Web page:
2014 posted by Courtney Newman
Today, on Administrative Professionals’ Day, we honor Allison+Partners troubleshooters, problem solvers and organization aficionados: our office managers. Brigitta (SF), Marilyn (LA), Susan (Dallas) and Stacy (NY) make life at Allison+Partners run smoothly day in and day out. While we appreciate these lovely ladies year round, today is the day we can shout it from Allison+Partners’ rooftop. Thank you for all you do to keep this agency chugging along! We would be lost without you.
The San Francisco Office – Brigitta Del Valle
In honor of Administrative Professionals’ Day, I’d like to spotlight Brigitta Del Valle, who cares deeply about helping every member of the Allison+Partners’ team succeed, whether that means lending creature comforts to Allison University (AU), our biannual training event for staff; offering flawless catering and concierge services to client meetings; or designing an organized, fun workspace in our San Francisco office. She brings confidence and a positive attitude to every assignment, no matter how large or small, and is even willing to don a costume to entertain staff, as she did here for the 2014 town hall.
Brigitta enthusiastically took on the huge challenge of expanding the San Francisco office to accommodate growing staff. In addition to the functional needs of furniture and wiring, Brigitta managed aesthetic changes to banish the beige of “cubeland,” including colorful paint, TVs, a chalkboard and a whiteboard decorated with our core values in fun colors and fonts. She was also instrumental in bringing the San Francisco sports bar to life, brainstorming design ideas on a budget, sewing the black-and-white-striped awning in her free time, and searching for just the right accessories to finish it off. It’s the hub of all things fun in San Francisco.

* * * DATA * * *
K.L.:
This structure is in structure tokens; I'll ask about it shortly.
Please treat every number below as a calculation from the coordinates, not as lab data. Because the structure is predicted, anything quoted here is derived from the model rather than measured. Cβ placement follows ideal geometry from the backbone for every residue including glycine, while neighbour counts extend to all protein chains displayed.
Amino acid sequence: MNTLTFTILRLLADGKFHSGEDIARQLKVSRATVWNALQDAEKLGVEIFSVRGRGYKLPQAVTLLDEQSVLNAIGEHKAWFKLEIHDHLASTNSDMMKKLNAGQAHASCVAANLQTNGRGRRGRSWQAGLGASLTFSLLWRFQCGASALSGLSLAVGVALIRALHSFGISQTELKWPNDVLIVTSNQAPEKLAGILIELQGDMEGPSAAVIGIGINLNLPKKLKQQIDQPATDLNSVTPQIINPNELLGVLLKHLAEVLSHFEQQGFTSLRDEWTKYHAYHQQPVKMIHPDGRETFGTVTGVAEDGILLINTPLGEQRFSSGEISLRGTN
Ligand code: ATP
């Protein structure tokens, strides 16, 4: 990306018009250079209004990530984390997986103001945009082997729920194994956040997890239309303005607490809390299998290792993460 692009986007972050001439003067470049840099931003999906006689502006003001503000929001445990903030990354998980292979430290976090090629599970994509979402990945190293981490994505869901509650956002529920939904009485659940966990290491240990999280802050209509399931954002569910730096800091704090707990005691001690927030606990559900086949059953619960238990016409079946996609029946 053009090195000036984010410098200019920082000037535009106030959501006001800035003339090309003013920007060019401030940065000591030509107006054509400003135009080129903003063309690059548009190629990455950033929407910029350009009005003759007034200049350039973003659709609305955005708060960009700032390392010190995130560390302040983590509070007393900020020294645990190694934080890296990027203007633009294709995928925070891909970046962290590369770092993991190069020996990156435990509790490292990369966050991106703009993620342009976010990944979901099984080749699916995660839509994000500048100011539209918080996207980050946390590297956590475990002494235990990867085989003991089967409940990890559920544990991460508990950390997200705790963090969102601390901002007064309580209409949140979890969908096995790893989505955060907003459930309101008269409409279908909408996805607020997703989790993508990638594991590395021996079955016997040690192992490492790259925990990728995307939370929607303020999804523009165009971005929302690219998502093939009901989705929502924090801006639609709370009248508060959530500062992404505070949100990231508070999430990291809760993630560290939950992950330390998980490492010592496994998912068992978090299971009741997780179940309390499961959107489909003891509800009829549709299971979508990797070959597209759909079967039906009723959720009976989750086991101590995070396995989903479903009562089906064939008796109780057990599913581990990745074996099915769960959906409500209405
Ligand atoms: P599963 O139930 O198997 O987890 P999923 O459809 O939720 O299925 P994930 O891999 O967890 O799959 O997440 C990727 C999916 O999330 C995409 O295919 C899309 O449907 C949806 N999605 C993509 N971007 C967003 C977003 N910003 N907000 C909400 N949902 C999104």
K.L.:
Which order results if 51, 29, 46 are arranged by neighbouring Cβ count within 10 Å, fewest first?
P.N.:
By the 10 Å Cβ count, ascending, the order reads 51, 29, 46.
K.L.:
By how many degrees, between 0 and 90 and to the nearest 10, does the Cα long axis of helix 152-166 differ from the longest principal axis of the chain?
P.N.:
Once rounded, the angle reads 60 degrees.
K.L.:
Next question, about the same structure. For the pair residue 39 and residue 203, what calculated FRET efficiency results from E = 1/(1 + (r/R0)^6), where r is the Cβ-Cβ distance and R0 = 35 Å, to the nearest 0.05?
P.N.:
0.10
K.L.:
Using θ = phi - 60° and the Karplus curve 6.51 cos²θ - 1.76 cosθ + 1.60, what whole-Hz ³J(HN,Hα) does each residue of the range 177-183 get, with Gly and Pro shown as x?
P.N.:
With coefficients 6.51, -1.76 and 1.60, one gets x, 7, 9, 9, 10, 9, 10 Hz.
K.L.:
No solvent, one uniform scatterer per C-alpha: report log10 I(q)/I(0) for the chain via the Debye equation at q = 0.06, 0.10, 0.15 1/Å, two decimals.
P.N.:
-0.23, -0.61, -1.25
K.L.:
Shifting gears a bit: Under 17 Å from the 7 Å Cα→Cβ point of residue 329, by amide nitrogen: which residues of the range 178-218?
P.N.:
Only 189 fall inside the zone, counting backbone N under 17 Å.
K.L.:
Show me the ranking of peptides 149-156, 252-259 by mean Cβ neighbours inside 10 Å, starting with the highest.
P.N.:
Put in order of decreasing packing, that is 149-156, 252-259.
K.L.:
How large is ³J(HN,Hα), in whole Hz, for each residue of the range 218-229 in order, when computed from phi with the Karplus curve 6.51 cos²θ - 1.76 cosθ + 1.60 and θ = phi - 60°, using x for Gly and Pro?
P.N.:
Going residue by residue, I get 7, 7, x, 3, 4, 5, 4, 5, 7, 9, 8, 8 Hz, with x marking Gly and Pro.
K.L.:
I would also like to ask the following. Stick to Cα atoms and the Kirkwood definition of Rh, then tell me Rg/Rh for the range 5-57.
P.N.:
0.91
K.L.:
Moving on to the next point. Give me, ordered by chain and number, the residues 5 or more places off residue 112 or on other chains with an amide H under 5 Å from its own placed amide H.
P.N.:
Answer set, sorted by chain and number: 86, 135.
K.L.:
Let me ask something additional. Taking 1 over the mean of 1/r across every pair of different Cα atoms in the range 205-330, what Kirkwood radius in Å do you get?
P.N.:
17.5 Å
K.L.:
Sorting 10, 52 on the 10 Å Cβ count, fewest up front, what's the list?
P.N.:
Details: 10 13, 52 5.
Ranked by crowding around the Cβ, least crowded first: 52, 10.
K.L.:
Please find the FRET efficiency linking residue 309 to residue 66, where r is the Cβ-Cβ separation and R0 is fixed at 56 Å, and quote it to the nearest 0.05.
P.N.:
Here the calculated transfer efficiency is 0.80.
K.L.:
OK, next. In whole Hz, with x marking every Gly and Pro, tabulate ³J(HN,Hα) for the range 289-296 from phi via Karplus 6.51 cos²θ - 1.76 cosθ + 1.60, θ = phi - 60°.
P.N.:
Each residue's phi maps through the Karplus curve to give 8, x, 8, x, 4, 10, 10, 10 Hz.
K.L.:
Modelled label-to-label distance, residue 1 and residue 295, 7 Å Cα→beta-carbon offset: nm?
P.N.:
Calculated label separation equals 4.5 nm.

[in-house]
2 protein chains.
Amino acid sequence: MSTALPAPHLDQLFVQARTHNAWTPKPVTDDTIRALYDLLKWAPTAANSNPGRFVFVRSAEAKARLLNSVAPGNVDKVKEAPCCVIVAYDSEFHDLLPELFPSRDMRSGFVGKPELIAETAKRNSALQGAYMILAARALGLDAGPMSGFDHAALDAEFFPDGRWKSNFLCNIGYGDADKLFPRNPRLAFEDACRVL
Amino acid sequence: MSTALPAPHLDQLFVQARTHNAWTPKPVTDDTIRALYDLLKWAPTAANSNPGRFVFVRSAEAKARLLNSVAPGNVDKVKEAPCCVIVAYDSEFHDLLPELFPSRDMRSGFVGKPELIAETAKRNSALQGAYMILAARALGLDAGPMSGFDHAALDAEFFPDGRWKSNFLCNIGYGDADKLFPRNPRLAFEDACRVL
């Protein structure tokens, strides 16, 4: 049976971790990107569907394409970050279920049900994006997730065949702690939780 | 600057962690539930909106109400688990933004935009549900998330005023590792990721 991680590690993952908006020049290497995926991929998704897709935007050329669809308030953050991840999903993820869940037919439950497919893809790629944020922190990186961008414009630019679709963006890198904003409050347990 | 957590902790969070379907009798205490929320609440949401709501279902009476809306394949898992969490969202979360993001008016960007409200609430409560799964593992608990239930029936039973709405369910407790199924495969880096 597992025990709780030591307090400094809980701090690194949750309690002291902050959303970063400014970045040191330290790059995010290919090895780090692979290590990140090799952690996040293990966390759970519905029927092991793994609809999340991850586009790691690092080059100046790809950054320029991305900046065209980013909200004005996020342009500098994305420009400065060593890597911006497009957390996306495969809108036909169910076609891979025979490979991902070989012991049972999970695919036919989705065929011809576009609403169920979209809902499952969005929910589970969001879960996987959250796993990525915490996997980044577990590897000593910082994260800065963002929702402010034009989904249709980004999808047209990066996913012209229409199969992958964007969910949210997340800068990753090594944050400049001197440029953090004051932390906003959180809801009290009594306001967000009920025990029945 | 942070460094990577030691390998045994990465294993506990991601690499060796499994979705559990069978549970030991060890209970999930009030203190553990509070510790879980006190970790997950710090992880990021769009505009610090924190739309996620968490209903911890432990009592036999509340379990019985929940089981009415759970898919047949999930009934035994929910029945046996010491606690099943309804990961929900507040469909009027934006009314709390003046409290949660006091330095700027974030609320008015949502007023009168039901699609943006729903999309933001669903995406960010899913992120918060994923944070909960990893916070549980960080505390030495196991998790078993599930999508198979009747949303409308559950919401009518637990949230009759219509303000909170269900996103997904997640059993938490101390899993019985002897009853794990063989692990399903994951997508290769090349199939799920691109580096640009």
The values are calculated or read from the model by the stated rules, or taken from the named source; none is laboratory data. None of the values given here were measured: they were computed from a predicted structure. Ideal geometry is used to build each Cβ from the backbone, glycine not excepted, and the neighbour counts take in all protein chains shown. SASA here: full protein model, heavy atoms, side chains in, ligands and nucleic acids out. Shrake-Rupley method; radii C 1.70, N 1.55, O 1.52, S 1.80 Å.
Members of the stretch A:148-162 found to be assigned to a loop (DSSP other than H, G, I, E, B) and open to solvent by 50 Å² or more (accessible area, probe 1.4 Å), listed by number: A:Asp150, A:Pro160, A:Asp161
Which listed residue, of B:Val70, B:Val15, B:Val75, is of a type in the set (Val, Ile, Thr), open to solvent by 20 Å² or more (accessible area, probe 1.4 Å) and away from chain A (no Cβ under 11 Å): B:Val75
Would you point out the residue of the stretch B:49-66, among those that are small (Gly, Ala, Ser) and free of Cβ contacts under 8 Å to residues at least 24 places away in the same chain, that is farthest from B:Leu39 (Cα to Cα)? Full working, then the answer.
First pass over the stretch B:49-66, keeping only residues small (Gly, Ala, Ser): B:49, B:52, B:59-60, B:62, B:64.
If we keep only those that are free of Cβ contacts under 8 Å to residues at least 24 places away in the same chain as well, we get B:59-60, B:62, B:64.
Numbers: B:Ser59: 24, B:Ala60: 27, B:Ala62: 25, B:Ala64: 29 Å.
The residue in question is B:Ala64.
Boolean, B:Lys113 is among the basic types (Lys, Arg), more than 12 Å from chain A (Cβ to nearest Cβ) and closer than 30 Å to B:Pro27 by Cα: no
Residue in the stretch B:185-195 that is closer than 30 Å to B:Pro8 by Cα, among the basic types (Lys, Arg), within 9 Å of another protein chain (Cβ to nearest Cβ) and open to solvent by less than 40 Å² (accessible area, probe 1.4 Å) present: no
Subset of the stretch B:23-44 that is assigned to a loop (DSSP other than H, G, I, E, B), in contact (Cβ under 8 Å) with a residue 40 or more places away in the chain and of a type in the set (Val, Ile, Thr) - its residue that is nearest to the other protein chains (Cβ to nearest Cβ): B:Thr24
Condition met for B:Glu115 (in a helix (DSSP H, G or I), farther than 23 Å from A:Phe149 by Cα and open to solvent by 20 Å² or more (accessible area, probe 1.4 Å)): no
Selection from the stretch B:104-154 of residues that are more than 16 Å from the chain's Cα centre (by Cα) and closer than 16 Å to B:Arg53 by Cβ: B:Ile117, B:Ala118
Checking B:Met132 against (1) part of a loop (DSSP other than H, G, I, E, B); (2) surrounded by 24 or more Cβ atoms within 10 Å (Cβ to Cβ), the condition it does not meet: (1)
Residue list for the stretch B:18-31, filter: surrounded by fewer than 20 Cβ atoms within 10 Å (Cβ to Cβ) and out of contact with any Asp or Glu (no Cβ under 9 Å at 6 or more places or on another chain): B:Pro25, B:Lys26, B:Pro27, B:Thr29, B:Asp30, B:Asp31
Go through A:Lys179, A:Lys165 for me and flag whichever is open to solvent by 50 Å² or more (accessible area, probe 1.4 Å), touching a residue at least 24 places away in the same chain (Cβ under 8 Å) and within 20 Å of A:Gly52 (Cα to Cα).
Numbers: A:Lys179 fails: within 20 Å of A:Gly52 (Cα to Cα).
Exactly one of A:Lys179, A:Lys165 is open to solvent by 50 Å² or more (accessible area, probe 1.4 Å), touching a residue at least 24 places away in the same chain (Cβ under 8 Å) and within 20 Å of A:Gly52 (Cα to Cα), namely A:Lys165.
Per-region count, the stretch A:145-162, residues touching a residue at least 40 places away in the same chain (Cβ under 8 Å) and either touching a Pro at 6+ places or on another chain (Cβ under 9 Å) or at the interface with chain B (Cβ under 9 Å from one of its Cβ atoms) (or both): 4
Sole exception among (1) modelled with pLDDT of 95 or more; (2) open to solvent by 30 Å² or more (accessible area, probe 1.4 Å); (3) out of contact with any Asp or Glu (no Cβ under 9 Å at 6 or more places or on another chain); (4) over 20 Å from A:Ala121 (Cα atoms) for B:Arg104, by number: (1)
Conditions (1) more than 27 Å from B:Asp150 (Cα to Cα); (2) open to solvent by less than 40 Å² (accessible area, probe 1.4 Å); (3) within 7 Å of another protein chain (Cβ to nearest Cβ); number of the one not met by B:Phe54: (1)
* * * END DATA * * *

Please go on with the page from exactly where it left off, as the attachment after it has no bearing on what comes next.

Brigitta’s passion and enthusiasm make Allison+Partners a kinder, gentler place to work.
The Los Angeles Office – Marilyn Finegold
Making sure the LA office has their act together since 2001
Always ready to lend a hand
Remembers the little things
Is a smiling face to greet us every morning
Listens to our random Trader Joe’s snack requests (Megan loves almond milk and Whitney only drinks decaf… etc)
You haven’t seen anything ’till you’ve seen Marilyn’s dance moves
Not a day goes by that we aren’t thankful for Marilyn’s dedication and love for our office
The Dallas Office – Susan Salazar
To say we are thankful for Susan Salazar would be the understatement of understatements. The Dallas office would simply not be the same without her … in culture, in spirit … or in functional efficiency. Some of the many hats she wears on a daily basis include: accounting guru, time management maven, computer troubleshooter, internet problem solver, travel advisor, keeper of memory for where badly needed documents from the past are located… and much, much more. Susan has worked with the Dallas team for almost 14 years and is truly the heart and soul of the office. While others in the organization know her from her weekly time entry emails (remarkably un-pestlike), her warm smile and infectious laugh make each day’s unexpected tasks and duties seem like nothing out of the ordinary – while they and she are far from ordinary. While it is Administrative Professionals’ Day, the Dallas office hopes she feels appreciated every day of the year.
The New York Office – Stacy Heimlich
We love Stacy because she keeps us sane and most of all, ORGANIZED! She is always willing to lend a hand no matter the size of the ask. She genuinely cares about all of us and is our support system whether we need a shoulder to lean on, an ear to listen, or just a much needed hug. Stacy is the glue that holds the NY office together, and we could not imagine our lives without her. What would we do without Stacy? We hope to never find out!
Happy Administrative Professionals’ Day!
2014 posted by Mary Rose Ramos